I have a chapter in my book The Mockingbird Parables that looks at the literary character Atticus Finch as a role model for parenting. Not only is he renowned for his courage and moral stands against racism and injustice, but when you take a close look at him in the novel To Kill a Mockingbird – he is a pretty darn good parent. In fact, there are so many great parenting lessons we can take from Atticus that it was a little difficult to pick just one.
I have heard of writers who have writing desks, offices, or work in dark corners of basements, but my wife and I have four children and that means a number of things when it pertains to writing – mostly that I might as well park myself at the kitchen table because there is not a space in our house that is truly quiet. As surely as I began to write this piece on parenting, I overheard my middle two children (boys just over a year apart) in the living room around the corner, their discourse becoming agitated — the shuffle of feet — cries of “no!” and “mine!” As I began consider the level of intensity of the skirmish and whether it warranted me getting up, I heard the thump of one brother falling to the floor and the immediate cries of pain from the victim (surely directed for my hearing in hopes that punishment might be leveled more swiftly). “Is anyone bleeding?”, I yelled — because in our house with three boys and a rambunctious little girl, it is a completely appropriate question. I know this scene by heart, without venturing to the living room. My youngest boy has pushed his older brother and when I ask him “why?”, his response is consistently “because…” or “well, he did (this) first…” So there is my topic played out before me by my own son. My wife and I are working with this one to help him understand that no matter what anyone else does — he is solely accountable for his actions. We live in a culture that rarely demonstrates personal accountability — how can we teach this life lesson?
In The Mockingbird Parables, I talk about one of the Finch’s neighbors — the mean old Mrs. Henry Lafayette Dubose. She sits on her porch and shouts hateful insults at Atticus’s children (Jem and Scout) whenever they pass by — she questions their behavior, their mental health history, even their legitimacy! Honestly, if she taunted my kids like that — I might be down at her house for a talk. The children are terrified of this woman (they think she hides a pistol under her shawl). Atticus’s discipline of his children is always bent toward instructing them and teaching them accountability. This is borne out in the illustration of the trouble Jem gets himself into with Mrs. Dubose. After facing the sick old woman’s insults day after day, Jem finally loses his cool and goes raging into her front yard destroying her flowers with a baton he had bought for Scout.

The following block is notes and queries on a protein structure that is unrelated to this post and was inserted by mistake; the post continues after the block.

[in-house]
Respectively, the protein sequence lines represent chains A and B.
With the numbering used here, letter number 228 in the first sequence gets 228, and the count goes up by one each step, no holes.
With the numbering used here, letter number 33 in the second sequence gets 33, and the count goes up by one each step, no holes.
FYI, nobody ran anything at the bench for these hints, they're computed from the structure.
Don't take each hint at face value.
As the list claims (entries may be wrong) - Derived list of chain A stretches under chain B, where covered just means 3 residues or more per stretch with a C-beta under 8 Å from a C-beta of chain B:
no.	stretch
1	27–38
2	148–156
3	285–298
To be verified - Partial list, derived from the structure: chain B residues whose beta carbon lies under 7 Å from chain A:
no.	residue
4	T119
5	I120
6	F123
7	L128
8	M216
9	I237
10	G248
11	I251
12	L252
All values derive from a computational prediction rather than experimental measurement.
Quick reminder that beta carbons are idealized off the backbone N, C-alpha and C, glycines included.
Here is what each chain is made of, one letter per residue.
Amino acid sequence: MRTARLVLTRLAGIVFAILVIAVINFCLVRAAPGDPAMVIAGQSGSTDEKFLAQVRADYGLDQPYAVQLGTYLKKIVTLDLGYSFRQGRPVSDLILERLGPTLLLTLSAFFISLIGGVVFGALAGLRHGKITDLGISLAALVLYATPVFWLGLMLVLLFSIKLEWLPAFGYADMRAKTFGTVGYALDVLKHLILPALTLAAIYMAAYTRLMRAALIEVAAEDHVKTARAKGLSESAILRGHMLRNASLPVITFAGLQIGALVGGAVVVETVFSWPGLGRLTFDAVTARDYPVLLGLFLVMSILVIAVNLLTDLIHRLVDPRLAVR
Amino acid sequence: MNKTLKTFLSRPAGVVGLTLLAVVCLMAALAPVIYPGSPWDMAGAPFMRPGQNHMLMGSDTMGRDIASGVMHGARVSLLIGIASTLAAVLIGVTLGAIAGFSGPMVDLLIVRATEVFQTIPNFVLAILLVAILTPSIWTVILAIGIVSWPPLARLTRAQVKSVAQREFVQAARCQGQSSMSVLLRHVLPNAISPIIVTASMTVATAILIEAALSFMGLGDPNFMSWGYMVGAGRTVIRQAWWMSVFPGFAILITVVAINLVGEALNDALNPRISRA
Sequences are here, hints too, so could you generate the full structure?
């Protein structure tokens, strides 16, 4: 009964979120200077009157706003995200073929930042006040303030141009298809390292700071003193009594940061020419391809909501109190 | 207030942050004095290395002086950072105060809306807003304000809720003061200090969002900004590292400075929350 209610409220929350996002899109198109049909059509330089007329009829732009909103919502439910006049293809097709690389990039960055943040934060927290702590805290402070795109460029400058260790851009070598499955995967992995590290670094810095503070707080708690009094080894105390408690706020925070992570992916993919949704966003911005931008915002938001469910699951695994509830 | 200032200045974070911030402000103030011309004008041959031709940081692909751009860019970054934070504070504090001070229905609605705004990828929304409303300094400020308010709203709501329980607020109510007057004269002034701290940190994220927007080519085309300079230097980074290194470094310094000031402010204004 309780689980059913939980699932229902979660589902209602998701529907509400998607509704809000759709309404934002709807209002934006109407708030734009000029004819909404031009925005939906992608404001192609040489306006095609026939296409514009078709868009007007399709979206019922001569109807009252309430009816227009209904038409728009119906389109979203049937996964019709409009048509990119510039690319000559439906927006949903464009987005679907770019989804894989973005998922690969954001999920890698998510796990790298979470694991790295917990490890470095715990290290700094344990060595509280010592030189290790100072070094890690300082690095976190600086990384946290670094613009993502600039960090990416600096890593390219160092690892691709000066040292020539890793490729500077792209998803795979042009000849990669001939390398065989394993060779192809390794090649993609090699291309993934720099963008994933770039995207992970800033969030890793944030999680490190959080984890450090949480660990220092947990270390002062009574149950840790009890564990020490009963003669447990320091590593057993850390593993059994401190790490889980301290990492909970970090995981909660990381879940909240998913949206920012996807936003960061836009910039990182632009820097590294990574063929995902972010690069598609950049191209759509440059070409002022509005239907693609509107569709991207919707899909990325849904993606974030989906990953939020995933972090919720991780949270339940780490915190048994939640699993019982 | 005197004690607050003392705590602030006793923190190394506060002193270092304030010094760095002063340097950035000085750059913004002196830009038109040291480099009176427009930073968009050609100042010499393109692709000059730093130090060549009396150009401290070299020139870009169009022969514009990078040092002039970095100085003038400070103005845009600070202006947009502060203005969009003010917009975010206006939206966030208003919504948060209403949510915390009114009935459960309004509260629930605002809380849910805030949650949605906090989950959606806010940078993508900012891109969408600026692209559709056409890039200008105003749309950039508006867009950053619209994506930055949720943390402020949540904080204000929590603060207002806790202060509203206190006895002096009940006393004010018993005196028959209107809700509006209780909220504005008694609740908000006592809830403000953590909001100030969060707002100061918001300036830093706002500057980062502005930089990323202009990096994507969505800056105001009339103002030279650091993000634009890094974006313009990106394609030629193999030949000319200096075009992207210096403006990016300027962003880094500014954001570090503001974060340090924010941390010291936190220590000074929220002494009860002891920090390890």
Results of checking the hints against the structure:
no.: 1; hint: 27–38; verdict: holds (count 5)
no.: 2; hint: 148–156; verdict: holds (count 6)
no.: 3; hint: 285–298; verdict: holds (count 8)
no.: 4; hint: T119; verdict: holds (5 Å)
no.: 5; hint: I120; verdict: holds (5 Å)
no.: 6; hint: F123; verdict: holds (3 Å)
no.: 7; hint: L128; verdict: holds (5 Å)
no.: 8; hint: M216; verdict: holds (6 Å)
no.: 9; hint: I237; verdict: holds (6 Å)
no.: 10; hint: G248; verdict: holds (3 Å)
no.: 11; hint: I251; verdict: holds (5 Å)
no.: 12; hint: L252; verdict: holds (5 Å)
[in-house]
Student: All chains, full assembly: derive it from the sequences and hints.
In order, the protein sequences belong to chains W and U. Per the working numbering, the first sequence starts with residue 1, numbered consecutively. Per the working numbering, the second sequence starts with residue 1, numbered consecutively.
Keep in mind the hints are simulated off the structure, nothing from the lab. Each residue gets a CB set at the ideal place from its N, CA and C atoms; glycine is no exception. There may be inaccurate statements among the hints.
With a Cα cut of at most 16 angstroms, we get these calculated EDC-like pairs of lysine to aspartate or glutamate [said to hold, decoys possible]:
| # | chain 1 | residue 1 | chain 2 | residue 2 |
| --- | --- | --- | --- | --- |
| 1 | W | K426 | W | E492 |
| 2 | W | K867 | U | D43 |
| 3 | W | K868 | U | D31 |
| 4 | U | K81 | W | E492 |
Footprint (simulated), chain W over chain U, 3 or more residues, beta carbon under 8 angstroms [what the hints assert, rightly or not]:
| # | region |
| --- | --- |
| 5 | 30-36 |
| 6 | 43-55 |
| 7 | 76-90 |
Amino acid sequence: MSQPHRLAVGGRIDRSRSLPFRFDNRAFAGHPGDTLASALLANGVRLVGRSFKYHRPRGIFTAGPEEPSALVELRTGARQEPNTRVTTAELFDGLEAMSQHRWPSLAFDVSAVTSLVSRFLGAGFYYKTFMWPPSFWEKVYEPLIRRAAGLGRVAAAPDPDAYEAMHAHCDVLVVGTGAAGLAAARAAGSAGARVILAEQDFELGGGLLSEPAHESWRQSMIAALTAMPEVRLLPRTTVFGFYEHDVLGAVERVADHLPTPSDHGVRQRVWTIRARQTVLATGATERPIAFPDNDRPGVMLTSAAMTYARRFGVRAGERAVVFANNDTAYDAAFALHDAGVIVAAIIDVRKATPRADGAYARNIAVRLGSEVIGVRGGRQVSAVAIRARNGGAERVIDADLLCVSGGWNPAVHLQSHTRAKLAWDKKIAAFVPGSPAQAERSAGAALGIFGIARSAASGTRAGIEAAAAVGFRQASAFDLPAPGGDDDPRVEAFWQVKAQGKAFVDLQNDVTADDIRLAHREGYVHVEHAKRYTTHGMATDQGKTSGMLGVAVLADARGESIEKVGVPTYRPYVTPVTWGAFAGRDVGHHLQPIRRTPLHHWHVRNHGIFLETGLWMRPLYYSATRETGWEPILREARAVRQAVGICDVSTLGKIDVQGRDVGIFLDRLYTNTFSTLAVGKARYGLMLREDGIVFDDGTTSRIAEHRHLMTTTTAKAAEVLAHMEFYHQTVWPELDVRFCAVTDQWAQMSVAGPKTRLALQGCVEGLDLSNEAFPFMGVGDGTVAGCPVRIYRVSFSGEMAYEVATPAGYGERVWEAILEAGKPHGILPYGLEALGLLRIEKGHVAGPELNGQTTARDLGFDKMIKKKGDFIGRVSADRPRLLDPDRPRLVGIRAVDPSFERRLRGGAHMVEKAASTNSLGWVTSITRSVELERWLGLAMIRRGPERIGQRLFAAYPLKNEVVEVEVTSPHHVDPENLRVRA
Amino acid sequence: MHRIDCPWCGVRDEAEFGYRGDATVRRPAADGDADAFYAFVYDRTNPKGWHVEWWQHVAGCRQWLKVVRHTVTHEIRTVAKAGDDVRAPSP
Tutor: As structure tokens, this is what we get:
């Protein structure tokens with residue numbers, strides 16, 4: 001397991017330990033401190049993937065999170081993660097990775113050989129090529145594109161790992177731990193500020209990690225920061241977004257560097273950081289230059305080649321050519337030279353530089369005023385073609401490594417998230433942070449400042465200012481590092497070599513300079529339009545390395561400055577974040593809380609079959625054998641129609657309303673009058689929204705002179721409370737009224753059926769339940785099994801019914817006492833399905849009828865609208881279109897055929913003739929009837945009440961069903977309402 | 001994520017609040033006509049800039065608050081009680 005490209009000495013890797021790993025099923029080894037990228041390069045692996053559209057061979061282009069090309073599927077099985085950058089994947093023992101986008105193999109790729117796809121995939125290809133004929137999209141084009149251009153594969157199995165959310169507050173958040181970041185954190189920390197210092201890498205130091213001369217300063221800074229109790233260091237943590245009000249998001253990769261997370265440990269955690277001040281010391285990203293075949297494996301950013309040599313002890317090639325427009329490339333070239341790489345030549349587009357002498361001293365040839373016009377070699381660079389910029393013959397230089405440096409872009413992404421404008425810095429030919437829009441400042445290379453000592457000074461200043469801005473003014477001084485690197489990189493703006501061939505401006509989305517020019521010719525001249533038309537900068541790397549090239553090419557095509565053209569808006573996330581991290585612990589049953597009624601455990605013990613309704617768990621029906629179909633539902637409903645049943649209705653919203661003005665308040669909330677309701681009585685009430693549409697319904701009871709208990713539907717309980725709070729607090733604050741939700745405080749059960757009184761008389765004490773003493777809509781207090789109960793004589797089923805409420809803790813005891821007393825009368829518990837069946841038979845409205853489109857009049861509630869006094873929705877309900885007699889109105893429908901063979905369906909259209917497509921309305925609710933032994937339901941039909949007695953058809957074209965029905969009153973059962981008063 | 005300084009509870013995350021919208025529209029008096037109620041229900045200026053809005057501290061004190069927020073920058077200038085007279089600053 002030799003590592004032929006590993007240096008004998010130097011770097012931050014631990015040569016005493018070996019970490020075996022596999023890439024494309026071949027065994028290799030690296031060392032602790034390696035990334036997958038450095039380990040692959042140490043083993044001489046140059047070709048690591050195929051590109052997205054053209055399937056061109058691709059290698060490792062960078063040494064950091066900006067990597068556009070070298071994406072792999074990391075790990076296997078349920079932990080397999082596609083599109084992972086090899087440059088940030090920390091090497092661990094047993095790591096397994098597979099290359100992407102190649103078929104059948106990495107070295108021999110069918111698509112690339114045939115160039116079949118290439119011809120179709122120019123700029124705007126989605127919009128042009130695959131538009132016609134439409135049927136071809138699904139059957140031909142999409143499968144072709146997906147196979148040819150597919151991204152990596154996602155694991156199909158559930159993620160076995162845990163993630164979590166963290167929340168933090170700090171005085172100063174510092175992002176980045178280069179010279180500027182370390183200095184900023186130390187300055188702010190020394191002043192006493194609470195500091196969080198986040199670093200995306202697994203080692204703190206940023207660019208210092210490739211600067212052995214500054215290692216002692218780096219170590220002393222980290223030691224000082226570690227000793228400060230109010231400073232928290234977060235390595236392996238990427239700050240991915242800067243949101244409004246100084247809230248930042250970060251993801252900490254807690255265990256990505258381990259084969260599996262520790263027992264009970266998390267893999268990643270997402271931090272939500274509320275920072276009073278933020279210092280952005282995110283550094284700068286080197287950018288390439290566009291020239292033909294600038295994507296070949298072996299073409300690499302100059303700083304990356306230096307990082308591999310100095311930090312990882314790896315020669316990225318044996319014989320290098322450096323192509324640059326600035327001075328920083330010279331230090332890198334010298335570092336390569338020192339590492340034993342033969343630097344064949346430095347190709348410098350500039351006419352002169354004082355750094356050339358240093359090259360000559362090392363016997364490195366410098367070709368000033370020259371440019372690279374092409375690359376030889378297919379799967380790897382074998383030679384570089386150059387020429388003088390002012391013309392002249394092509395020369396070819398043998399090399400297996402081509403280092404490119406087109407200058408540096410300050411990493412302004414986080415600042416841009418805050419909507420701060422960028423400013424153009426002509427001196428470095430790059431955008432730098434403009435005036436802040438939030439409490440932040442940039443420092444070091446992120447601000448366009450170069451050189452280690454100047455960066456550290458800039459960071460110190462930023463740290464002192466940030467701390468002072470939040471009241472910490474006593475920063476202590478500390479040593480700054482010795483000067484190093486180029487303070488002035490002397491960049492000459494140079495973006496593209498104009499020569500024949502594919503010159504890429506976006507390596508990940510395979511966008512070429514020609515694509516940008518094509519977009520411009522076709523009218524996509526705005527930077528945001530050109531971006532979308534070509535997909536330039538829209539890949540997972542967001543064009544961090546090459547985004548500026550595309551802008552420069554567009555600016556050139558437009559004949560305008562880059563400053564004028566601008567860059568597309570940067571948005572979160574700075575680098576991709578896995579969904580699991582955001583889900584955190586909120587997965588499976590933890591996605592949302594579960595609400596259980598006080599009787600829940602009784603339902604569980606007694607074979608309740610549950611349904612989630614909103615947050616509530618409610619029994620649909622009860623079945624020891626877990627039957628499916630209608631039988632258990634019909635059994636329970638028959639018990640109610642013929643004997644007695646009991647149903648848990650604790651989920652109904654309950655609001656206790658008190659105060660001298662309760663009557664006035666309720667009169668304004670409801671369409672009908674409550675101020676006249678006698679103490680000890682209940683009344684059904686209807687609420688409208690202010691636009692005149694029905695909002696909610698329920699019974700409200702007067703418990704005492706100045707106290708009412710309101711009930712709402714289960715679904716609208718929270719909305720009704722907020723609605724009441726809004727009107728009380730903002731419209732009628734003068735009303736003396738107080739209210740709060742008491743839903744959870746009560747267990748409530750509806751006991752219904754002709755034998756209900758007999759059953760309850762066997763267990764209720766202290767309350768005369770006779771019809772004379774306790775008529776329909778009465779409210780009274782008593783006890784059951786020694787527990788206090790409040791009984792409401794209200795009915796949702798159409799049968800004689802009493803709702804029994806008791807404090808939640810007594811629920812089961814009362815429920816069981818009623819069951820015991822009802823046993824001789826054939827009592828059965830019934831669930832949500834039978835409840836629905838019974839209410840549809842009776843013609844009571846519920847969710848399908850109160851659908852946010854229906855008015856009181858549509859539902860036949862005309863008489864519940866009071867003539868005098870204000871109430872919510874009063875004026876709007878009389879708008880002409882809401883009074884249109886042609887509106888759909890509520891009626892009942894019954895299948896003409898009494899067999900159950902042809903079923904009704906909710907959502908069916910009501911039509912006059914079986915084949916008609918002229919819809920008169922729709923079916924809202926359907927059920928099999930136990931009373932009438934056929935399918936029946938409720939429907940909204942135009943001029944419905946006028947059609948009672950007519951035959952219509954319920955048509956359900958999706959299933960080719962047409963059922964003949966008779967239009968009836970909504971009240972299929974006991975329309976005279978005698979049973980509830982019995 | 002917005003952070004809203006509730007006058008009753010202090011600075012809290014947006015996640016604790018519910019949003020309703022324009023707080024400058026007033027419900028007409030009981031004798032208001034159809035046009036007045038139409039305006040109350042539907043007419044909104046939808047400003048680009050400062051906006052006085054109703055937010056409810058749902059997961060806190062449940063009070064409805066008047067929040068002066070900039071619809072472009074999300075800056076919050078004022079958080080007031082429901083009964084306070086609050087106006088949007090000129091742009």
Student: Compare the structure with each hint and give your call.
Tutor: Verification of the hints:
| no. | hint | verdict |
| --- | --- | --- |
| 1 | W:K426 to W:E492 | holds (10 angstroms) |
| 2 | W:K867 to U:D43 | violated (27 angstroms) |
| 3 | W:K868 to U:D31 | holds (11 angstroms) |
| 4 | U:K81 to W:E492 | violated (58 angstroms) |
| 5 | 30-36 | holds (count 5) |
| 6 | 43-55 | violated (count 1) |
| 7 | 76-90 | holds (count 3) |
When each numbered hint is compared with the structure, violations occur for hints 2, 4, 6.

When Atticus returns from work that evening, he questions Jem about the incident and tells him, “… to do something like this to a sick old lady is inexcusable. I strongly advise you to go down and have a talk with Mrs. Dubose,’… ‘Come straight home afterward.” I think it is critical that he does not offer to go to Mrs. Dubose’s house with Jem and help him apologize. I can honestly say it would be tough not to at least walk my son down to oversee this apology — but Atticus wants Jem to go alone. One of the greatest lessons we can teach our children is that they should take complete responsibility for their own missteps. Jem going alone to apologize to Mrs. Dubose is a terrifying proposition, so scary in the eyes of the children, that Scout believes that Atticus might be sending Jem to his death. While it seems that Mrs. Dubose deserves some of the blame in this matter because of the way she treats the children, Atticus doesn’t focus on her. His discipline (or lesson) is to make Jem see that he should always be in control of his actions no matter the situation. This is a lesson that prepares Jem for the firestorm of insults and criticism he will receive from the town when his father takes a very unpopular court case. It is essential that Atticus makes no excuses for Mrs. Dubose — by focusing solely on Jem’s response he is reasserting the truth that no one else can be blamed for his decisions and missteps — no matter how despicable the actions or justified a response might seem. This is a pretty powerful message in a culture that for the most part skews personal accountability with phrases similar to my guilty six year old standing before me in the living room “but, he did (this) to me?”…
So often I think we deride our efforts to make our children accountable by allowing them to point the finger elsewhere… which takes me back to my living room, and my little boy who is still trying to justify his actions by telling me what his brother did to deserve the push… and so I will keep Atticus in mind as I hold him accountable, hoping that he will grow older with a sense of self control and understand that he is not simply a victim to circumstances but has the power to manage his destiny with his own decisions. I hope I am empowering my son with this teaching. I will also remember (as I am disciplining my children) another significant lesson that Atticus reminds us all as parents — they are watching me very closely, and they will be taking notes when I run into my own Mrs. Dubose, because no matter how I instruct them – the way I live my own life will surely be reflected in the nature of my children as adults.
(This piece was originally publishedin September 2010 by the Dallas Morning News Mom’s Blog)
One thought on “Mockingbird Monday:Teaching our children accountability”
This is a good post, especially as I am about to become a first-time parent. I’ve always loved the timelessness of this story, how it is still relevant 51 years after its original publication.